It is becoming increasingly clear that the supposed copyright wars that copyright scholars believed we were fighting – nominally pitting the interests of authors and creators against the interests of readers and other members of the audience – were never really about that at all. Instead the real conflict has been between the publishers, record labels, movie studios, and other intermediaries who rose to market dominance in the 20th century, and the digital services and platforms that have become increasingly powerful copyright players in the 21st. In this essay, adapted from the 13th annual University of Cambridge Center for Intellectual Property and Information Law International Intellectual Property Lecture, I argue that it would make good sense for at least some of us to leave the fight between 20th century publishers and 21st century platforms to the many lawyers that represent both sides, and to focus on some of the issues that aren’t as likely to attract their attention. While copyright scholars have been writing about whether authors’ interests or readers’ interests should be paramount, we’ve missed the opportunity to look more closely at the issues that the copyright wars obscured. Here is one: For all of the rhetoric about the central place of authors in the copyright scheme, our copyright laws in fact give them little power and less money. Intermediaries own the copyrights, and are able to structure licenses so as to maximize their own revenue while shrinking their payouts to authors. Copyright scholars have tended to treat this point superficially, because – as lawyers – we take for granted that copyrights are property; property rights are freely alienable; and the grantee of a property right stands in the shoes of the original holder. I compare the 1710 Statute of Anne, which created statutory copyrights and consolidated them in the hands of publishers and printers, with the 1887 Dawes Act, which served a crucial function in the American divestment of Indian land. I draw from the stories of the two laws the same moral: Constituting something as a freely alienable property right will almost always lead to results mirroring or exacerbating disparities in wealth and bargaining power. The legal dogma surrounding property rights makes it easy for us not to notice.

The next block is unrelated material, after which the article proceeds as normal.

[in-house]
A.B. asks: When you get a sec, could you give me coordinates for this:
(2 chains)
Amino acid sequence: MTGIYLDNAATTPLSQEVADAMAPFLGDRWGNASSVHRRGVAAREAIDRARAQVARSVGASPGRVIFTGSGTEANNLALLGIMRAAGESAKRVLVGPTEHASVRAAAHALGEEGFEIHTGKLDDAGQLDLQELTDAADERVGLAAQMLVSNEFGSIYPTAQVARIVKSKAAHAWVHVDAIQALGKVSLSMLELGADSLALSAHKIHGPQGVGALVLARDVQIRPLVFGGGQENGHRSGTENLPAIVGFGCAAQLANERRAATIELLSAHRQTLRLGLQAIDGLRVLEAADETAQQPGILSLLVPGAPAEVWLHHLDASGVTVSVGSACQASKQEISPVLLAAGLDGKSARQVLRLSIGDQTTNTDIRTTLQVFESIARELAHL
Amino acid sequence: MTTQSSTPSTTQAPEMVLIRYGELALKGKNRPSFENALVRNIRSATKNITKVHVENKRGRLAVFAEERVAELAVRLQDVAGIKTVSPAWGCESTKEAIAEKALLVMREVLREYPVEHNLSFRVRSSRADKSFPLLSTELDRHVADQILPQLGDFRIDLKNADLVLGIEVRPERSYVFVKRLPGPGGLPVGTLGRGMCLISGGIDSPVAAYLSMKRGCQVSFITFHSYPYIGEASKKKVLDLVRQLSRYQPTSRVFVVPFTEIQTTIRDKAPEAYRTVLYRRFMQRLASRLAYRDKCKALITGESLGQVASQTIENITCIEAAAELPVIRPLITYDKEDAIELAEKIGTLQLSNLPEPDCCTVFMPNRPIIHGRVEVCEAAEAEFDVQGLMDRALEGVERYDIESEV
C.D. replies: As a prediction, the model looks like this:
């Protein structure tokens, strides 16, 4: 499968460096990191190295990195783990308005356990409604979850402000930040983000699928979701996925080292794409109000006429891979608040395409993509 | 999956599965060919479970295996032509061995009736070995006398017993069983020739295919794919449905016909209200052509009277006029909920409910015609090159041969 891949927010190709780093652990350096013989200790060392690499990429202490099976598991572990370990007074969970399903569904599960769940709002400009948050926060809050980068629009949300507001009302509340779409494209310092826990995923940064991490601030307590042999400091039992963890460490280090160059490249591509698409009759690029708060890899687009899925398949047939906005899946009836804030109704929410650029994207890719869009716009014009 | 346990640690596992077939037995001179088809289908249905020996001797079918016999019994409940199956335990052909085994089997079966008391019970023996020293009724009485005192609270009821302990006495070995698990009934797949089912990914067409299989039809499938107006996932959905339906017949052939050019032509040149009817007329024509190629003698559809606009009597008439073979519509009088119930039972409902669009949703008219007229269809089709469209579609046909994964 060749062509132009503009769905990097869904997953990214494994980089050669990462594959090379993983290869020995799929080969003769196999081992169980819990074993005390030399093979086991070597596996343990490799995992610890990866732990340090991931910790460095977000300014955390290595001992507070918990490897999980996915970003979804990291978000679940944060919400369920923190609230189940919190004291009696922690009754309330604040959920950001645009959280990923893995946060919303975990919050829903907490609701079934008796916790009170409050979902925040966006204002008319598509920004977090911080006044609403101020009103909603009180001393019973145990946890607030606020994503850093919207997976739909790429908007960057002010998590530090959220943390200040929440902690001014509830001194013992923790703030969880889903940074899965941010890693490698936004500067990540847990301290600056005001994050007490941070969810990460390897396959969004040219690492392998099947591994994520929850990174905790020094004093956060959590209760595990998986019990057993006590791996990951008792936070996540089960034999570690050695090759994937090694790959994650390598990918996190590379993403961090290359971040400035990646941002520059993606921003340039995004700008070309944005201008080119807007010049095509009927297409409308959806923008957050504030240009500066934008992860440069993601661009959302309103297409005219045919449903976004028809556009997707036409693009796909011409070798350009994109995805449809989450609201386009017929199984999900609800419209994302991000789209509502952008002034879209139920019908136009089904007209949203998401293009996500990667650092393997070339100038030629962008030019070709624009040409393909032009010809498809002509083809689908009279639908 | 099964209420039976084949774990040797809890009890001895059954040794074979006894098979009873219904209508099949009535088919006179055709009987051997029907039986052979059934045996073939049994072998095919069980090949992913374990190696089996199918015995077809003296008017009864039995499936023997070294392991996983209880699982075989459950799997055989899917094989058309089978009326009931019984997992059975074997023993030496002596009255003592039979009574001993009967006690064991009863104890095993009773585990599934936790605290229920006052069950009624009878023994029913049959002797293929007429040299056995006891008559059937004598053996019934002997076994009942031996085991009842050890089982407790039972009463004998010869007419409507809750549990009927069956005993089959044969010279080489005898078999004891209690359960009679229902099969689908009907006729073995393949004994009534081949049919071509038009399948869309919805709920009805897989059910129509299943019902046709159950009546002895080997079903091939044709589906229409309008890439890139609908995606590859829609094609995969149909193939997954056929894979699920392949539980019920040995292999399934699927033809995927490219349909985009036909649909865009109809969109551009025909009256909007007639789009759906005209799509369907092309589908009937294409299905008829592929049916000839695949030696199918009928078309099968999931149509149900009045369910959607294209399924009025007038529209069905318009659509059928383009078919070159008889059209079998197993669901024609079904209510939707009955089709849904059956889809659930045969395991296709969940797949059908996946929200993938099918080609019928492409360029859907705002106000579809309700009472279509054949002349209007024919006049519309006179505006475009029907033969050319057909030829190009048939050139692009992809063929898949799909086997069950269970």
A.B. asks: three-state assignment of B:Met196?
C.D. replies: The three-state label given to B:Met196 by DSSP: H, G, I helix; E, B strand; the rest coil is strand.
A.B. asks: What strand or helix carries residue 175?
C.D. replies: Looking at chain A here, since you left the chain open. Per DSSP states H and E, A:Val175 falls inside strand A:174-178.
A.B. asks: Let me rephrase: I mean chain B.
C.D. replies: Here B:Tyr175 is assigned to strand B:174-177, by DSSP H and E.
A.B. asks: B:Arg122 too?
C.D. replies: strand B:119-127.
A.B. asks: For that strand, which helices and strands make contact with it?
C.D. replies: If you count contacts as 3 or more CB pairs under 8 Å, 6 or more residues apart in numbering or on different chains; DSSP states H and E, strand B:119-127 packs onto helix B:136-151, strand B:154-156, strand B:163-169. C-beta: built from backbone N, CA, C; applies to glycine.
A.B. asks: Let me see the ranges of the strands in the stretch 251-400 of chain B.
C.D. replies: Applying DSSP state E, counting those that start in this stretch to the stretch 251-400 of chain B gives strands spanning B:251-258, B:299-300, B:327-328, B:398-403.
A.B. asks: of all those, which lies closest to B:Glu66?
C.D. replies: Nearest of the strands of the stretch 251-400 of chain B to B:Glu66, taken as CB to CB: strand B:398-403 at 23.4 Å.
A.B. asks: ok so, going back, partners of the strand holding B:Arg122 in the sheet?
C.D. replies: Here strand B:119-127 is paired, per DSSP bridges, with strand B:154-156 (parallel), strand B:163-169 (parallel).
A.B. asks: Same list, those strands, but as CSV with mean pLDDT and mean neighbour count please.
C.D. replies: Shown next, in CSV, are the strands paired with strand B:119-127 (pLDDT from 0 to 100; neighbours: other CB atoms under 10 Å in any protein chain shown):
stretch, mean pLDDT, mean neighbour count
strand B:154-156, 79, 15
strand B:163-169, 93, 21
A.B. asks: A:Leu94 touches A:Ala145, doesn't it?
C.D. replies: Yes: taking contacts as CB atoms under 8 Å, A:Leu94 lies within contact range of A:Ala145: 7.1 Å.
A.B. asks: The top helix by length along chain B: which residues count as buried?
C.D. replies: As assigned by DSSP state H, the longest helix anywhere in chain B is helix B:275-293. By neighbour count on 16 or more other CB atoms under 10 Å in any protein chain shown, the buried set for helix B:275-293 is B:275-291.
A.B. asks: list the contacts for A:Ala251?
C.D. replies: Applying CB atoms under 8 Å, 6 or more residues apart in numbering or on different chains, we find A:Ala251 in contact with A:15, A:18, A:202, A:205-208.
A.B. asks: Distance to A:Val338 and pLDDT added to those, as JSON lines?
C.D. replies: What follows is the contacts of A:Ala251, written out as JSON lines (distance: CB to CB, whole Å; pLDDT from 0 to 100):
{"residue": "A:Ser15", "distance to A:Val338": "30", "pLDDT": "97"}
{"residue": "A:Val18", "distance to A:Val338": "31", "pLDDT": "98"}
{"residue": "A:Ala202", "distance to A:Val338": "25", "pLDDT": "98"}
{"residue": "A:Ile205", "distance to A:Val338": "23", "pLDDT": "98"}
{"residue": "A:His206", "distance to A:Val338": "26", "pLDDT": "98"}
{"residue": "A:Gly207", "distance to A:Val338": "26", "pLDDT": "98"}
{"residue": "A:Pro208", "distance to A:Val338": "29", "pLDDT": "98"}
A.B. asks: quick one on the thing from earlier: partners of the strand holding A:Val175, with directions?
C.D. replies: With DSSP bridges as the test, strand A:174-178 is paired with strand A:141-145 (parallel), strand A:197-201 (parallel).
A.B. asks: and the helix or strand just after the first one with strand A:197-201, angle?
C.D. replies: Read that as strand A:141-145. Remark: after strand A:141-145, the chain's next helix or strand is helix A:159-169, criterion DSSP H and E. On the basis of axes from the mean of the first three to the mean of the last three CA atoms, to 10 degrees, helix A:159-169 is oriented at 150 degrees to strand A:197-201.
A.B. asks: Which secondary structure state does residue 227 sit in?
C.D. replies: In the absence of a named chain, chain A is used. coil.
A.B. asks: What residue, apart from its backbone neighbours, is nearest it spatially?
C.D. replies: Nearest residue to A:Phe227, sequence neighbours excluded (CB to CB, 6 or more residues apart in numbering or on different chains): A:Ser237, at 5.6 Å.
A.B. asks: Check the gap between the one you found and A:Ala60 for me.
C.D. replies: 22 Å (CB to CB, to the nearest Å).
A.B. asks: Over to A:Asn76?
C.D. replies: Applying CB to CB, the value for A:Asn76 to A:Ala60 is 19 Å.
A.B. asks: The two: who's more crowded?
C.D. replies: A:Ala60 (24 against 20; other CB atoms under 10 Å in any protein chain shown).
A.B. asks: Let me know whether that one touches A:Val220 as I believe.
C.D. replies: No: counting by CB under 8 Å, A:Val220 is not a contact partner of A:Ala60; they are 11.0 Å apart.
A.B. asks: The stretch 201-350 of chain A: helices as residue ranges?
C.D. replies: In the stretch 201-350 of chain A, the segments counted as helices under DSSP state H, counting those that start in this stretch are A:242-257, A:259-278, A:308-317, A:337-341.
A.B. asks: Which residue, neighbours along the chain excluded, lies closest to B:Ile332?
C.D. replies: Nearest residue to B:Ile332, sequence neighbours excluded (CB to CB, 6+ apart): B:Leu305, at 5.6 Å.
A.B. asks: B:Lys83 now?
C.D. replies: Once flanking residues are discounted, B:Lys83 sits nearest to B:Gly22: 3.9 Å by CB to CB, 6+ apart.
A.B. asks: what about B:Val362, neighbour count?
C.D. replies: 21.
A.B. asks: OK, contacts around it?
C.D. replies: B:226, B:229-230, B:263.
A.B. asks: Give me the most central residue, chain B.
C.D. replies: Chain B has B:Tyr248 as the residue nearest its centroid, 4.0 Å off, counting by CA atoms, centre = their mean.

31 May 2018
'What We Don’t See When We See Copyright as Property' (University of Michigan Law and Econ Research Paper No 18-014) by Jessica Litman comments